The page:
Thursday, 11 September 2008

PS3 Linux

I bought a new HDD for my PS3 yesterday, backed it up and installed it. Very easy process, although the screws holding the drive in its caddy were a bit tight for the jewellers screwdriver I was using, and it took a couple of hours to back it up and restore it (nearly 50GB used). Although disturbingly, it sometimes seems to start up a bit too slowly, and then goes 'missing' at power-up until a restart. No big deal I suppose - if that's all it does. It's a western digital 320GB drive (WD3200BEVT), fwiw. Ahh, i did a search, and it seems to be some sort of interface issue - I tried jumpering the 'RPS' mode on, and so far it looks to have done the job.

I didn't bother backing up the Ubuntu partition, beyond my source tree. I haven't been particularly happy with Ubuntu, and that was even before upgrading to 8.x broke everything. Even after I fixed the boot issue, all it did was leave me with an unusable amount of RAM detected. I had long since got rid of any Ubuntu on my laptops, so I didn't need much of an excuse to jump ship. As i've said elsewhere - i'm sure Ubuntu is just fine for plenty of people, but it certainly isn't for me.

So I spent a bit of time trying to work out what system to install. It was pretty depressing really, it was quite difficult to find ANY quality or useful information at all (or maybe it was this incredibly disturbing video and comments I'd seen earlier in the day?). There are a few blogs and news sites around for PS3 development, but many (most?) of them are quite stale. Often started in a flourish and soon forgotten.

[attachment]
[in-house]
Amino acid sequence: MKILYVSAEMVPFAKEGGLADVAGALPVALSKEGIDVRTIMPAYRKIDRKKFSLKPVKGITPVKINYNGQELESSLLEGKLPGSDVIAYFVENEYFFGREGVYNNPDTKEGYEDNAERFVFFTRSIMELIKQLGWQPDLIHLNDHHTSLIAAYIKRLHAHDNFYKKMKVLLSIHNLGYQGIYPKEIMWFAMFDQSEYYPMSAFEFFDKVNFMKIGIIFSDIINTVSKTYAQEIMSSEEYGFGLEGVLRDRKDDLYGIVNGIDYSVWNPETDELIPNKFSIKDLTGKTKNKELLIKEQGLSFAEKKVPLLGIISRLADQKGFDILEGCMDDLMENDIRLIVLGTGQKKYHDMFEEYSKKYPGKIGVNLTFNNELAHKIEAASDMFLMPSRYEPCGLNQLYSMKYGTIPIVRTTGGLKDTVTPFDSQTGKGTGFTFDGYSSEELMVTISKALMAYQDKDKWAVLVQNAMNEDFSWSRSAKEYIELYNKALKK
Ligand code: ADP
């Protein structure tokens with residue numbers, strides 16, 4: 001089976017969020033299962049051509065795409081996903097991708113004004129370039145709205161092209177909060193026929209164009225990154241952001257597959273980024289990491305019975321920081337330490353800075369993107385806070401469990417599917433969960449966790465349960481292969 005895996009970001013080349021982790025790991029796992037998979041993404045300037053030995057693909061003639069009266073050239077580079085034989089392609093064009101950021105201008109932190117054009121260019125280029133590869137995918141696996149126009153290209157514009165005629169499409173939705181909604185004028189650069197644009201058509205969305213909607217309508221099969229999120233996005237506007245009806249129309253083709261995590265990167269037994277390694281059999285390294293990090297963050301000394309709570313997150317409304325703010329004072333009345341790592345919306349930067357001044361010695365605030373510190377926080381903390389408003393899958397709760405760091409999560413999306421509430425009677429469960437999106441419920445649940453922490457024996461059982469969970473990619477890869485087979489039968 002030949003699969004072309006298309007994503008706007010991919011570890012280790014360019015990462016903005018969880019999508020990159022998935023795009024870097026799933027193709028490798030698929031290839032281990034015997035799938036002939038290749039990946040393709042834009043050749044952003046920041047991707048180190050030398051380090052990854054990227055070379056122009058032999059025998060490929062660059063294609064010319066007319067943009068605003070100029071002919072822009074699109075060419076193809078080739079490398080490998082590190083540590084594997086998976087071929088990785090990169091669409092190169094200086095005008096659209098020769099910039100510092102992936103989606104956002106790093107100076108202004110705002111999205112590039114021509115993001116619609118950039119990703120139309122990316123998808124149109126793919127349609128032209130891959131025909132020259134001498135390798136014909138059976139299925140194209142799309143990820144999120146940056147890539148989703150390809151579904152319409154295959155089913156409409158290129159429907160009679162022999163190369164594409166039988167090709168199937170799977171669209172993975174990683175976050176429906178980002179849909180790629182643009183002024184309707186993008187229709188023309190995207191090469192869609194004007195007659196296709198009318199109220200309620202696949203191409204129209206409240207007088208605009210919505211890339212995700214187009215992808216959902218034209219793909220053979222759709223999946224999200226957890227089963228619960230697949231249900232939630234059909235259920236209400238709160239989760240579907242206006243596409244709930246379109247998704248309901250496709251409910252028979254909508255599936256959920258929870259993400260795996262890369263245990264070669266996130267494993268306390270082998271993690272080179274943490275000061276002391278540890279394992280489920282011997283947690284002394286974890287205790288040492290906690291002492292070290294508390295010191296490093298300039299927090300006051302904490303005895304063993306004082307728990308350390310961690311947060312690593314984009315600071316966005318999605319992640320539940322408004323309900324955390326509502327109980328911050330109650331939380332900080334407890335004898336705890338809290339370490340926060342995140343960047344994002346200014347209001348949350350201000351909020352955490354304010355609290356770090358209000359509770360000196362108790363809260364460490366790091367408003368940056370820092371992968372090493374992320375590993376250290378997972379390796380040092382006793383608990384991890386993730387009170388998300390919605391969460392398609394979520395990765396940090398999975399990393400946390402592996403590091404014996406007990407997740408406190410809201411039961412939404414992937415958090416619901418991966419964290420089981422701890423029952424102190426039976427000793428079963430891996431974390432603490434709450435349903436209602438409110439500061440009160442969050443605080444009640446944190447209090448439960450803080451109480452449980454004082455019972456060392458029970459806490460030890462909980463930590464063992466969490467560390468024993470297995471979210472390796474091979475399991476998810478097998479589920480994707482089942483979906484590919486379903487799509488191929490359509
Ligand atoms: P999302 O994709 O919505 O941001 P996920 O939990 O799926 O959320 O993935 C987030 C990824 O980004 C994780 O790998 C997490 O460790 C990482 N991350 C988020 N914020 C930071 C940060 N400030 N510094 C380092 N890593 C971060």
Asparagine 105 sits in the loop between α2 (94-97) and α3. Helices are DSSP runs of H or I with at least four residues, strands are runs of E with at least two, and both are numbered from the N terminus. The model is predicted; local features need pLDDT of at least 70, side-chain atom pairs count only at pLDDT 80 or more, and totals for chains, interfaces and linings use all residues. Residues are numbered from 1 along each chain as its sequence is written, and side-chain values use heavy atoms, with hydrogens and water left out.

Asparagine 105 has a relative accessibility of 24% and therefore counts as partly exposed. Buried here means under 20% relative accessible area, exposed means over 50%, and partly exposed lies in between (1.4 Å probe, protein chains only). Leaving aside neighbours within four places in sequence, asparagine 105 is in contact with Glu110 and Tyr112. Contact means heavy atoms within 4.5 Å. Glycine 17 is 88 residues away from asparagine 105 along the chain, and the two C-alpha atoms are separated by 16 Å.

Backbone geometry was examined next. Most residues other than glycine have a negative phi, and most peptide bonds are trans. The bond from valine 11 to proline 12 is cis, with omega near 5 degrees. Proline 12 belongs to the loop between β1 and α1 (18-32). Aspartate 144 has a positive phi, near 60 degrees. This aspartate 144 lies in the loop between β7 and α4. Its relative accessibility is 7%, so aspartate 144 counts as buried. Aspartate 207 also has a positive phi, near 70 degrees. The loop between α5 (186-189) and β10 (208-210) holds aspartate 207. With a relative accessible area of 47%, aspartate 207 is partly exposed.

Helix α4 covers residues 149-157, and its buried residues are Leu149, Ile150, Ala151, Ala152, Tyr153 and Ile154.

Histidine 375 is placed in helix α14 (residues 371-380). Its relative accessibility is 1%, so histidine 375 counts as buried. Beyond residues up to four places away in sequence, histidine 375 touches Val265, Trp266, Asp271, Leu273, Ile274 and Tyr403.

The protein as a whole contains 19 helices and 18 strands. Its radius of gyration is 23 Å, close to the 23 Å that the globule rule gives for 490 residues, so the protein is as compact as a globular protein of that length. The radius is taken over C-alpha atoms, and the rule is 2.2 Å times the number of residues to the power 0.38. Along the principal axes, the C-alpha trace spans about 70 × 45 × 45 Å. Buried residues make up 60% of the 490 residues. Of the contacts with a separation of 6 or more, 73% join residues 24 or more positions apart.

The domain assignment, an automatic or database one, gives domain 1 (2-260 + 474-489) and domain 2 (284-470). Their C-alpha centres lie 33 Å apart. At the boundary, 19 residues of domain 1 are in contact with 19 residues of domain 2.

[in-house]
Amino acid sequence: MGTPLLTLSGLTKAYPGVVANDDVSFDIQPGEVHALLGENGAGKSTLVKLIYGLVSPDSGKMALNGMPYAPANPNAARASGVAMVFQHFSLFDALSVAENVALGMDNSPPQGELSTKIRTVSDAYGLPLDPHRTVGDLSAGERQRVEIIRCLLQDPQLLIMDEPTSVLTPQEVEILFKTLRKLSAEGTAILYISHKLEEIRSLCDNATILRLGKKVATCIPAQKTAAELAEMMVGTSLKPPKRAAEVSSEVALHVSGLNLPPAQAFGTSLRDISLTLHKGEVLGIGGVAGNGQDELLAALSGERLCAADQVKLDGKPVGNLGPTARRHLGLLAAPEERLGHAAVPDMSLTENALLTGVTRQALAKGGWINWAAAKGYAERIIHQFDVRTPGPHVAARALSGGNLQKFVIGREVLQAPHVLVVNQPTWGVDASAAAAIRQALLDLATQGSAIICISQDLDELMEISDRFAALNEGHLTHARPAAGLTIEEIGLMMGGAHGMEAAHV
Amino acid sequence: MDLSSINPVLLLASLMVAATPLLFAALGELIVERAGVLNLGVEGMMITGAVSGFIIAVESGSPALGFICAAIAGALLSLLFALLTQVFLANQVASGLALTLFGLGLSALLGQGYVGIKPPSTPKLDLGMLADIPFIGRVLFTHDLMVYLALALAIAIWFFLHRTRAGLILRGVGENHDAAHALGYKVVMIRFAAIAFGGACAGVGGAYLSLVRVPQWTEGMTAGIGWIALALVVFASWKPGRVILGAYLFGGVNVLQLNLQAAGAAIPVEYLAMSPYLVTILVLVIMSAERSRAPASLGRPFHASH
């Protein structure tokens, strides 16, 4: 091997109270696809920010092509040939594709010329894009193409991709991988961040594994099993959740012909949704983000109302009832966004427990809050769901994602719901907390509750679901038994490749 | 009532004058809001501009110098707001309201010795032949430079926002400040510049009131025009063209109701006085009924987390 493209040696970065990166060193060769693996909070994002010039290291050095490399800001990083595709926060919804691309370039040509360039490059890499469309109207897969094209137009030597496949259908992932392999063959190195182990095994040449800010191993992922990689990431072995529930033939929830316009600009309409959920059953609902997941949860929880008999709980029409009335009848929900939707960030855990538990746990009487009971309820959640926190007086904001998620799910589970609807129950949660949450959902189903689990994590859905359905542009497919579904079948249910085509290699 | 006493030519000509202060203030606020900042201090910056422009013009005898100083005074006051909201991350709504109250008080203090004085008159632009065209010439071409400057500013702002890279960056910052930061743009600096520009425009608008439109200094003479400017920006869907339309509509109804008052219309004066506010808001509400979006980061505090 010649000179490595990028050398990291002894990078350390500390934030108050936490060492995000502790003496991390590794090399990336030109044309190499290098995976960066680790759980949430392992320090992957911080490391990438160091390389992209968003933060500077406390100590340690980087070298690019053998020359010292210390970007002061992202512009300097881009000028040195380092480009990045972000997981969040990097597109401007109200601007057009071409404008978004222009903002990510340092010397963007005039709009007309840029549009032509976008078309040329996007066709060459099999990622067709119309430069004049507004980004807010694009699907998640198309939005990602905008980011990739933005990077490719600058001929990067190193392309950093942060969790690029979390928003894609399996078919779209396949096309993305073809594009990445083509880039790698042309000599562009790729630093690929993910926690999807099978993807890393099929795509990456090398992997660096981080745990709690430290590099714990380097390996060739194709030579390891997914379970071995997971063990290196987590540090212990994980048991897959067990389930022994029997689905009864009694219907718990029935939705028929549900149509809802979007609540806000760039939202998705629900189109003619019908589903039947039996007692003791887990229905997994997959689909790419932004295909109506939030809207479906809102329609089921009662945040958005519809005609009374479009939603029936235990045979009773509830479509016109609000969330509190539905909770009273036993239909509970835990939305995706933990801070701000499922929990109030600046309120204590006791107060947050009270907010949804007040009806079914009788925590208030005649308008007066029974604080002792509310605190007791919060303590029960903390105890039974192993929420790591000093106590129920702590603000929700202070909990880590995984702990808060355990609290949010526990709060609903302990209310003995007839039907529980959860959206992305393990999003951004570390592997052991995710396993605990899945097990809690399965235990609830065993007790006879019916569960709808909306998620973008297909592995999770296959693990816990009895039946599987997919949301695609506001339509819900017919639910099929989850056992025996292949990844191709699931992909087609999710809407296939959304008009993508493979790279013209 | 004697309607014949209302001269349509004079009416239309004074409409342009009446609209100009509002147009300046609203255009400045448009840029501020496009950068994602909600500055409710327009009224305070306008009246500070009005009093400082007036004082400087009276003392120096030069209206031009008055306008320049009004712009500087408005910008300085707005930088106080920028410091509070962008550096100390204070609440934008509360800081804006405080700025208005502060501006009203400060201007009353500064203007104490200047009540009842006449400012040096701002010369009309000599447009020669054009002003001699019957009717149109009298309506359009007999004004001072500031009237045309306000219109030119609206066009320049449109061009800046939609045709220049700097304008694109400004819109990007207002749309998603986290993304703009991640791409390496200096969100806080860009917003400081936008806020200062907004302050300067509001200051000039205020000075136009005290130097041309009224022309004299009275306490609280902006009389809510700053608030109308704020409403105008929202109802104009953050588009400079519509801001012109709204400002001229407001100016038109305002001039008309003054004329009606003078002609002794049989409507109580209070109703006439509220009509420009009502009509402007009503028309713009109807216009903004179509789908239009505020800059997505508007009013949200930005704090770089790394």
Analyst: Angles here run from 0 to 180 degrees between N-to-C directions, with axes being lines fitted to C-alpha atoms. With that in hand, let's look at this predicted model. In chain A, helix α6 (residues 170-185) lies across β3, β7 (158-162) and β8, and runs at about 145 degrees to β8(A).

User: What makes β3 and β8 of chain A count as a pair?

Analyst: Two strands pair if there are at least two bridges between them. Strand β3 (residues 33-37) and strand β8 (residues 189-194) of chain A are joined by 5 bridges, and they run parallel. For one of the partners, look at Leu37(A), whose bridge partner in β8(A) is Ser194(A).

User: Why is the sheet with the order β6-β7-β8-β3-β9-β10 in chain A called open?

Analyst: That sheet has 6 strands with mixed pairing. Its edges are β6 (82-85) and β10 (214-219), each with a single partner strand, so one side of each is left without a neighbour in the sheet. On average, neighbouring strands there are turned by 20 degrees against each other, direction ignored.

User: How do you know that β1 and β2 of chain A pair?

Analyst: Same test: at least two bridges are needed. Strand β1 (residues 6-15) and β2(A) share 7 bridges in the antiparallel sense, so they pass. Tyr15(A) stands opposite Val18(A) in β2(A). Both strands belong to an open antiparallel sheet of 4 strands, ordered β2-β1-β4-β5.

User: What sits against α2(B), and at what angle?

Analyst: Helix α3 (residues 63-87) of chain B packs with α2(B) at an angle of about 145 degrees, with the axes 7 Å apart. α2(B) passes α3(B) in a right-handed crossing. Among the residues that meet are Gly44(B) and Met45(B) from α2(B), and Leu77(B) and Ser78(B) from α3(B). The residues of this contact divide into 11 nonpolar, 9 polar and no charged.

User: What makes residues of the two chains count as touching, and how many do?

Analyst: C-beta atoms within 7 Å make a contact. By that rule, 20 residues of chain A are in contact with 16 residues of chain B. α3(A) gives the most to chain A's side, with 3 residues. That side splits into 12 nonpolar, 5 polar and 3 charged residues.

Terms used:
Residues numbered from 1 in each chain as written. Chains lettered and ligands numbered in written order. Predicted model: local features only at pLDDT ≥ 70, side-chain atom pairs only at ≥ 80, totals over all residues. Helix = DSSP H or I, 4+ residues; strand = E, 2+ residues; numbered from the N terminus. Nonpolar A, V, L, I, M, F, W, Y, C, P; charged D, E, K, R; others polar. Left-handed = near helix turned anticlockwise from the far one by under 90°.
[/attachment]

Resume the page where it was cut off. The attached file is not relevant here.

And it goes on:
Of those still active, the developerworks forum for Cell development is full of newbies with very basic GNU or C/parellel programming questions for the most part, or weird arguments about performance (e.g. 'why is the ppe so slow?', 'how come i can't get the peak theoretical bandwidth in a memcpy?', sigh.). The beyond3d and ps2dev forums seem to be stuck on the fact that the GPU is inaccessible, or relying and waiting on a couple of guys working on ps3-medialib to deliver some magic, and generally just don't seem to be all that helpful. There are a couple of queries about useful linux distributions, but they are either unanswered or not helpful to me (e.g. they recommended ubuntu). I was starting to think that the whole situation was a lost cause, and certainly nobody seems to be working together toward any common goal. I finally stumbled upon PS3 forums - which seems to be a bit more active, and a few of the sort of questions I was interested in at least had some sort of answer.

Anyway, since there was a decent article on DeveloperWorks about installing FC7, and the IBM SDK 'support', I thought i'd give that a go. Burnt a DVD and away I went - I even checked the media. But unfortunately, it couldn't find the DVD it booted off when it came to looking for packages for some reason - so I couldn't get any further. Bit of a waste of time. I couldn't find any mention of this show-stopper on the 'net, so I gave up. I have FC9 on my laptop and although i'm happy enough that it works, the default setup is far too fat for a PS3, and it took forever to install, so I thought i'd give it a miss.